This past weekend, both Schön and Malaschnitschenko were invited back to participate in the final excavation and reveal the hoard in its entirety, which turned out to be quite a doozy: a trove of crazy-old coins, jewelry, and other fancy items that once belonged to a Danish king who ruled over a millennium ago. Much of what was found is likely linked to King Harald Bluetooth, who reigned from the year 958AD to 986AD, and is credited with having brought Christianity to Denmark. Specifically, it includes things like braided necklaces, pearls, brooches, a Thor's hammer, rings, and roughly 600 coins, according a report by The Guardian.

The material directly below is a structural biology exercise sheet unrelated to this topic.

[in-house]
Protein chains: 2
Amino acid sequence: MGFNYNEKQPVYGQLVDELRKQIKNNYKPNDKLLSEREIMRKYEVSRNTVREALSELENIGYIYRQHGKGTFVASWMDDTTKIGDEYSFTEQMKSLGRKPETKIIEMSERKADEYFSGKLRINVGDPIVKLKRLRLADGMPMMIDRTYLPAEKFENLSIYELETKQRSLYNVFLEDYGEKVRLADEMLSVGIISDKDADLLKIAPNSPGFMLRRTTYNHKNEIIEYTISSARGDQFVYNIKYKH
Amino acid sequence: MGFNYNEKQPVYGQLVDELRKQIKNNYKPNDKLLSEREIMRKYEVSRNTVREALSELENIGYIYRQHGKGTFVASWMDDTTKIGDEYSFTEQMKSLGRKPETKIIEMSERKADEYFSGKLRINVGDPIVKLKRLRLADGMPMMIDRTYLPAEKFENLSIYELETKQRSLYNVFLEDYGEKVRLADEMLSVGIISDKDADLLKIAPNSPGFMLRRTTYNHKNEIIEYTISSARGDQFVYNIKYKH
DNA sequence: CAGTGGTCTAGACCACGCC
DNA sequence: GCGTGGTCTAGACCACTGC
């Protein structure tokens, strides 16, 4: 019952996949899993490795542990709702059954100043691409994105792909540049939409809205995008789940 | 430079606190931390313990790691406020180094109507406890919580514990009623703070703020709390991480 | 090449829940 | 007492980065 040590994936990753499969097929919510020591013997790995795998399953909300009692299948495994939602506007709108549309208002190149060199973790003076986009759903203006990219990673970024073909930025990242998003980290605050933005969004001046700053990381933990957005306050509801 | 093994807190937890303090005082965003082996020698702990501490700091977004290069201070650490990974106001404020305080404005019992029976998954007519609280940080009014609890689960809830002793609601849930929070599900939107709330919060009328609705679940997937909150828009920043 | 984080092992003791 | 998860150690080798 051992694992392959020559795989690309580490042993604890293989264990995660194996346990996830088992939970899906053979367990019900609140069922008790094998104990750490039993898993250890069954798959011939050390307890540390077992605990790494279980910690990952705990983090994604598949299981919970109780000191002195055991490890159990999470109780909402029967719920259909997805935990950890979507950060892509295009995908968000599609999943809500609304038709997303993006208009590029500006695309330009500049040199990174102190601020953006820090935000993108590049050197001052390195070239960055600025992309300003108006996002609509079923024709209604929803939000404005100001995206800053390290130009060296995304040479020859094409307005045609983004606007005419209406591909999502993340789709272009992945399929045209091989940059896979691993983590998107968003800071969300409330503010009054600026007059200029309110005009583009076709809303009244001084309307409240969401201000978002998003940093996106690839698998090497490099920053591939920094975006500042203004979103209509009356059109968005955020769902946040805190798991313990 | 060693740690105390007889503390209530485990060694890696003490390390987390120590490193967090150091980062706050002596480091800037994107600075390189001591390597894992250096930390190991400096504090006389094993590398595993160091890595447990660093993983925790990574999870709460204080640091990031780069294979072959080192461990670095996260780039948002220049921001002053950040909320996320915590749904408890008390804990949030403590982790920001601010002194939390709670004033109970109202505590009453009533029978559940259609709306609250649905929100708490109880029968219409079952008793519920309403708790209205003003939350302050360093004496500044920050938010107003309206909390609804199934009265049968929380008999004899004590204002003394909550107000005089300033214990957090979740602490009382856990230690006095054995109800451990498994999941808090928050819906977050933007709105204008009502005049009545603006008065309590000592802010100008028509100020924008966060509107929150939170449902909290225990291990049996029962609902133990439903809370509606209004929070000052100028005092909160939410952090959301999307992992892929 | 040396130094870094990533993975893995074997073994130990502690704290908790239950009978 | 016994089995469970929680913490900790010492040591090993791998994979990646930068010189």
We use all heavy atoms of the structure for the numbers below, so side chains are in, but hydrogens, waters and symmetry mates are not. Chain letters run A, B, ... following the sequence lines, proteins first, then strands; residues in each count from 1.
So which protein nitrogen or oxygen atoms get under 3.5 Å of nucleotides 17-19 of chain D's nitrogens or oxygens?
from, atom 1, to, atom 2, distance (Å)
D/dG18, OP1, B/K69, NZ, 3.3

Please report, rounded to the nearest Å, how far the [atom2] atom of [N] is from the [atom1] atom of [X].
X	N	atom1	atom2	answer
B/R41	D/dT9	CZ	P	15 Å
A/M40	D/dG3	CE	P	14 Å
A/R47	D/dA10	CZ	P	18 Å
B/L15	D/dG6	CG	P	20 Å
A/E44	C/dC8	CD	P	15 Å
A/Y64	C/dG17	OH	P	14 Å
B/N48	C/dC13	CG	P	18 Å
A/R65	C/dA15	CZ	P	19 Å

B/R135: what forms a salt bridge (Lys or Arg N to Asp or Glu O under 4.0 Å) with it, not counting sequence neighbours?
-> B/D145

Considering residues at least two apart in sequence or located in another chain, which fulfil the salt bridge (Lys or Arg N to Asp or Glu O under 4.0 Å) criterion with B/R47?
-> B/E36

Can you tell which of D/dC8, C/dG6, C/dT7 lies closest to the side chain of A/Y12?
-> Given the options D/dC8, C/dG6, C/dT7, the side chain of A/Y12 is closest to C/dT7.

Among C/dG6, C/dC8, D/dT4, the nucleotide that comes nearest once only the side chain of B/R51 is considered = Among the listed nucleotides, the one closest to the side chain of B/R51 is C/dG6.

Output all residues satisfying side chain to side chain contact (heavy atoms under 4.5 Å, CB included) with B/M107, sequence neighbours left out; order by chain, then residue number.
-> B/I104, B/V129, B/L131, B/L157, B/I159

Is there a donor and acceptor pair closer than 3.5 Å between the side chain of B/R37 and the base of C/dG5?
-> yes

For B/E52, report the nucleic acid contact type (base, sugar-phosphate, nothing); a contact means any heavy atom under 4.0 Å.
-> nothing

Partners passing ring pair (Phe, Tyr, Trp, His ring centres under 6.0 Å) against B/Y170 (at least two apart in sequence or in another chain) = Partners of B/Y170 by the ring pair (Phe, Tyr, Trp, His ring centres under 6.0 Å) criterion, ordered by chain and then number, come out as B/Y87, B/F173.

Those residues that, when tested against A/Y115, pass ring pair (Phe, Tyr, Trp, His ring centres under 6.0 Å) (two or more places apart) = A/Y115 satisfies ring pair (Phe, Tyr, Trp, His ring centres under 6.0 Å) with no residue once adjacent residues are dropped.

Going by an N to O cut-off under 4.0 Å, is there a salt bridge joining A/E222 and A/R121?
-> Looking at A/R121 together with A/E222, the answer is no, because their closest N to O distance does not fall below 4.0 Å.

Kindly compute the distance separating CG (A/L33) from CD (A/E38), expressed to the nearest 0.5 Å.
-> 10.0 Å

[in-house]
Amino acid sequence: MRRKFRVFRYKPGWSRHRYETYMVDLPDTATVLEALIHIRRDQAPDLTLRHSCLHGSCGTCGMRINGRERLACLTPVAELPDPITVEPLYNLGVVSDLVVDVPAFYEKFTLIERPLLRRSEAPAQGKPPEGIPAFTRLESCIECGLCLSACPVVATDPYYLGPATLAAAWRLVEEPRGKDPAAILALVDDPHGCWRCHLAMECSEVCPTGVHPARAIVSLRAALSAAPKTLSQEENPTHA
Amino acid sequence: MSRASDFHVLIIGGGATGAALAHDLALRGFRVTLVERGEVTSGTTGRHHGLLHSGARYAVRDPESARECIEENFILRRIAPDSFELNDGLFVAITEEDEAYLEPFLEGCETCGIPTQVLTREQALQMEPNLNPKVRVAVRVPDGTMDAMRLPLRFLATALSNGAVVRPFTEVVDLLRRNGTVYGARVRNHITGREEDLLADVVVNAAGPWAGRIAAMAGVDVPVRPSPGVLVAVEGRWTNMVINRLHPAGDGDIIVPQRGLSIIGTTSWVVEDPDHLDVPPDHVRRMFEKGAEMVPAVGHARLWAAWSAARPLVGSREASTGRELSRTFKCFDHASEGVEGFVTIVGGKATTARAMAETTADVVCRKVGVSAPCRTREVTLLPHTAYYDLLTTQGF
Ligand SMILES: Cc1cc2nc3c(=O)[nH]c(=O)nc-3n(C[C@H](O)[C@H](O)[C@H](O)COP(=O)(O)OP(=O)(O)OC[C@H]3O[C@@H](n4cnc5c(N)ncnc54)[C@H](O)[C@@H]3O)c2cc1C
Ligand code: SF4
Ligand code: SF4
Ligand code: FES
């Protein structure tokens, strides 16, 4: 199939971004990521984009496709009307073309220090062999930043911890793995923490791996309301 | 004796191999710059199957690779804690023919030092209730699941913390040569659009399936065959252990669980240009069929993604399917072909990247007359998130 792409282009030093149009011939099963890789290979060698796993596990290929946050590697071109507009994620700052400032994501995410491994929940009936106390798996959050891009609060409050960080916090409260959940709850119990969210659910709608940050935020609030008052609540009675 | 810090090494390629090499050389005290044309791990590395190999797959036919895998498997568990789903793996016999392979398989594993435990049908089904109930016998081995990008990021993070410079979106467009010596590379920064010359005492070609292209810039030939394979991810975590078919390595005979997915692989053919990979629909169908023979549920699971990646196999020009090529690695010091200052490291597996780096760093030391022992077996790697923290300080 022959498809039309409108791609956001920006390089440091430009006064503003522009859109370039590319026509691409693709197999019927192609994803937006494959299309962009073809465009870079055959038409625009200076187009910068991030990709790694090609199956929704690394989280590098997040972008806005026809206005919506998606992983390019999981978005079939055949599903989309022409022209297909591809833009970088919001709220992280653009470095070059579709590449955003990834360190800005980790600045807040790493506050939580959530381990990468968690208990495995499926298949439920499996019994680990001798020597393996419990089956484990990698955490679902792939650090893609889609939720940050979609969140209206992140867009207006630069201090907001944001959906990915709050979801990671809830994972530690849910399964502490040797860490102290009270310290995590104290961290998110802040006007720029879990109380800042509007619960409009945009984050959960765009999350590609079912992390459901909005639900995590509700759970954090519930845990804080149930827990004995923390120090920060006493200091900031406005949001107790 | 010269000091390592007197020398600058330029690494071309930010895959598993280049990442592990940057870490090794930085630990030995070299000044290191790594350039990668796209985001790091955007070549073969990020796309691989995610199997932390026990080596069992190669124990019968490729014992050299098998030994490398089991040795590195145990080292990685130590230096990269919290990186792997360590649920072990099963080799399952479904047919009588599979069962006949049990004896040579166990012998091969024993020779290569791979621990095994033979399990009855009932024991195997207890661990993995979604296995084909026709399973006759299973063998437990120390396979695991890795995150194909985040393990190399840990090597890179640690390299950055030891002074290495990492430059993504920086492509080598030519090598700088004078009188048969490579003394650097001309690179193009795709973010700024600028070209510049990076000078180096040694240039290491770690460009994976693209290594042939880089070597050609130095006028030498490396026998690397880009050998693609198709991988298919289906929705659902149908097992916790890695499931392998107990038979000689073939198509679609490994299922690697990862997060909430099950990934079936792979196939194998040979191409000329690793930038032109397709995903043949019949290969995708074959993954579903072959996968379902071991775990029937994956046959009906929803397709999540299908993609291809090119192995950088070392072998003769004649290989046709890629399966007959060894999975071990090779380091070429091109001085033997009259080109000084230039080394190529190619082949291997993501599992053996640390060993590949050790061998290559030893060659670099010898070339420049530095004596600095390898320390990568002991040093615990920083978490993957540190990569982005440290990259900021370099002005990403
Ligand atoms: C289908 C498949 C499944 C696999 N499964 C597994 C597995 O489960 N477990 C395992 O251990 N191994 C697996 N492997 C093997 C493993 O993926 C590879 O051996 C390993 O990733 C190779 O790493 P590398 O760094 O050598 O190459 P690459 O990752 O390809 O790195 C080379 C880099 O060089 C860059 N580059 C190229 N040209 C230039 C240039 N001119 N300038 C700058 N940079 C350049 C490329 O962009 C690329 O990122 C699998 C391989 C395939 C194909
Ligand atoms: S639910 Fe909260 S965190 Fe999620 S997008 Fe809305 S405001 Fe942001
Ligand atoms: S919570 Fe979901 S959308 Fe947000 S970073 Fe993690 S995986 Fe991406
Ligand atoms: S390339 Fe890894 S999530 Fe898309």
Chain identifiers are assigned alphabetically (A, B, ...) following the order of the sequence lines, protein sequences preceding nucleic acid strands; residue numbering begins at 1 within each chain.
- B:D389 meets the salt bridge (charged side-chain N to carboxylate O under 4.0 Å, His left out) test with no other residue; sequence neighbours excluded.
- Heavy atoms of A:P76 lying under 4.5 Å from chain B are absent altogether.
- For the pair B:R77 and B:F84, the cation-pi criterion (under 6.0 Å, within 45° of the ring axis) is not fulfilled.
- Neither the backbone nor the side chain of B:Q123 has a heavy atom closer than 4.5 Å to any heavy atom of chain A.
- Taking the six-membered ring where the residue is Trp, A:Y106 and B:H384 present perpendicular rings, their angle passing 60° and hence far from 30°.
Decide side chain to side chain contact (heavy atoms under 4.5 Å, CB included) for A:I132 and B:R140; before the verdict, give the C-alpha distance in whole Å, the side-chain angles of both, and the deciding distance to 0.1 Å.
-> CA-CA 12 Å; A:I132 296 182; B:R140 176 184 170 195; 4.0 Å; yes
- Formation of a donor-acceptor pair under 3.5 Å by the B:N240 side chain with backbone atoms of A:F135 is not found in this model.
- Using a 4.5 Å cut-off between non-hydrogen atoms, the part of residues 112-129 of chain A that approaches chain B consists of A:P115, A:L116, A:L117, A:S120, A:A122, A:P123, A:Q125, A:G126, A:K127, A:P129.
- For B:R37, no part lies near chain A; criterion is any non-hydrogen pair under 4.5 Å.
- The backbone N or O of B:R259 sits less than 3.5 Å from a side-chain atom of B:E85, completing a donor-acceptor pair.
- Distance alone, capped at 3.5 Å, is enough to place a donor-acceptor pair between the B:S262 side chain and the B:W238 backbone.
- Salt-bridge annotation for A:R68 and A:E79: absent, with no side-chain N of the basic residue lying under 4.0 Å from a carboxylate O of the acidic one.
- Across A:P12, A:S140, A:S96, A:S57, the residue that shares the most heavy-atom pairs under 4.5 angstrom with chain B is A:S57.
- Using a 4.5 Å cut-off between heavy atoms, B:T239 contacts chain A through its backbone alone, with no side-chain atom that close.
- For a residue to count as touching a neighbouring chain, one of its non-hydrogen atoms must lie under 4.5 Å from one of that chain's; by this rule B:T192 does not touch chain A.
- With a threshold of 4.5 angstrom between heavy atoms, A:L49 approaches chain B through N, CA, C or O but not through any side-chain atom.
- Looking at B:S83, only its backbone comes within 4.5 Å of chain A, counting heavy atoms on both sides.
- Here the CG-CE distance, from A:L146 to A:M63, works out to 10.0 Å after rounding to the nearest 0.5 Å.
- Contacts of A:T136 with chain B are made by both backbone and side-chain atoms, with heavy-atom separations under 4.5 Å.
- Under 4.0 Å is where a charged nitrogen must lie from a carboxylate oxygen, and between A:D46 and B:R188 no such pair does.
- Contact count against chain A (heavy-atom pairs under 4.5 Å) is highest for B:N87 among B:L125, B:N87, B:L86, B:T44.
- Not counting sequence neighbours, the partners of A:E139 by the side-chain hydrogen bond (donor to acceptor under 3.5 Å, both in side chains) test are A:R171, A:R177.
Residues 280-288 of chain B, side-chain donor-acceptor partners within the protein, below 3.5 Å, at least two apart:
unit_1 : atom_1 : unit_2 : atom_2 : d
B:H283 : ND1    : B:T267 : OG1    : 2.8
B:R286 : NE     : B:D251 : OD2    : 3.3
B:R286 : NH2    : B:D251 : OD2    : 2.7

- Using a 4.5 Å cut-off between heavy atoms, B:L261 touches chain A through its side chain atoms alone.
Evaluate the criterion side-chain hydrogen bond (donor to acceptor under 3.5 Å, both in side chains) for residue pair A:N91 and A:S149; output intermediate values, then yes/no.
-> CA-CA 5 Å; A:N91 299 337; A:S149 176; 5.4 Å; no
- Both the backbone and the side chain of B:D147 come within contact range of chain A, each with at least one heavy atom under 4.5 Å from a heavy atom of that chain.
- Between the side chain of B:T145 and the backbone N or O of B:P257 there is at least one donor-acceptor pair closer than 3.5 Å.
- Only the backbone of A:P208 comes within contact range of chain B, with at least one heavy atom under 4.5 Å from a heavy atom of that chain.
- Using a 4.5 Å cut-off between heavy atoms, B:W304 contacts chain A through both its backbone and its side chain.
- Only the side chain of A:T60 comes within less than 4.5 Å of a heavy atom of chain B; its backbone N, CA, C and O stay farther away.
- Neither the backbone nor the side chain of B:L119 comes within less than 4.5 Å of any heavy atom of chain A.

"This trove is the biggest single discovery of Bluetooth coins in the southern Baltic Sea region and is therefore of great significance,” lead archaeologist, Michael Schirren, told a local news service, per the newspaper.
If you're wondering why "Bluetooth" shares the same name as the tech you use to pair your headphones and computer mice, it's because it's actually named after him. The story goes that it was named in his honor since he was known for uniting Scandinavia, in the same sense that the Swedish inventors of Bluetooth technology intended to unite PC and wireless devices. Further, the official Bluetooth logo is actually a melding of the King's initials in an ancient Scandinavian alphabet.
As of now, it's unclear where the unearthed treasure will go on display or end up, but it's certainly safe to assume this 13-year-old should have no trouble padding his college applications with some uniquely impressive accomplishments.
h/t MentalFloss, The Guardian, AP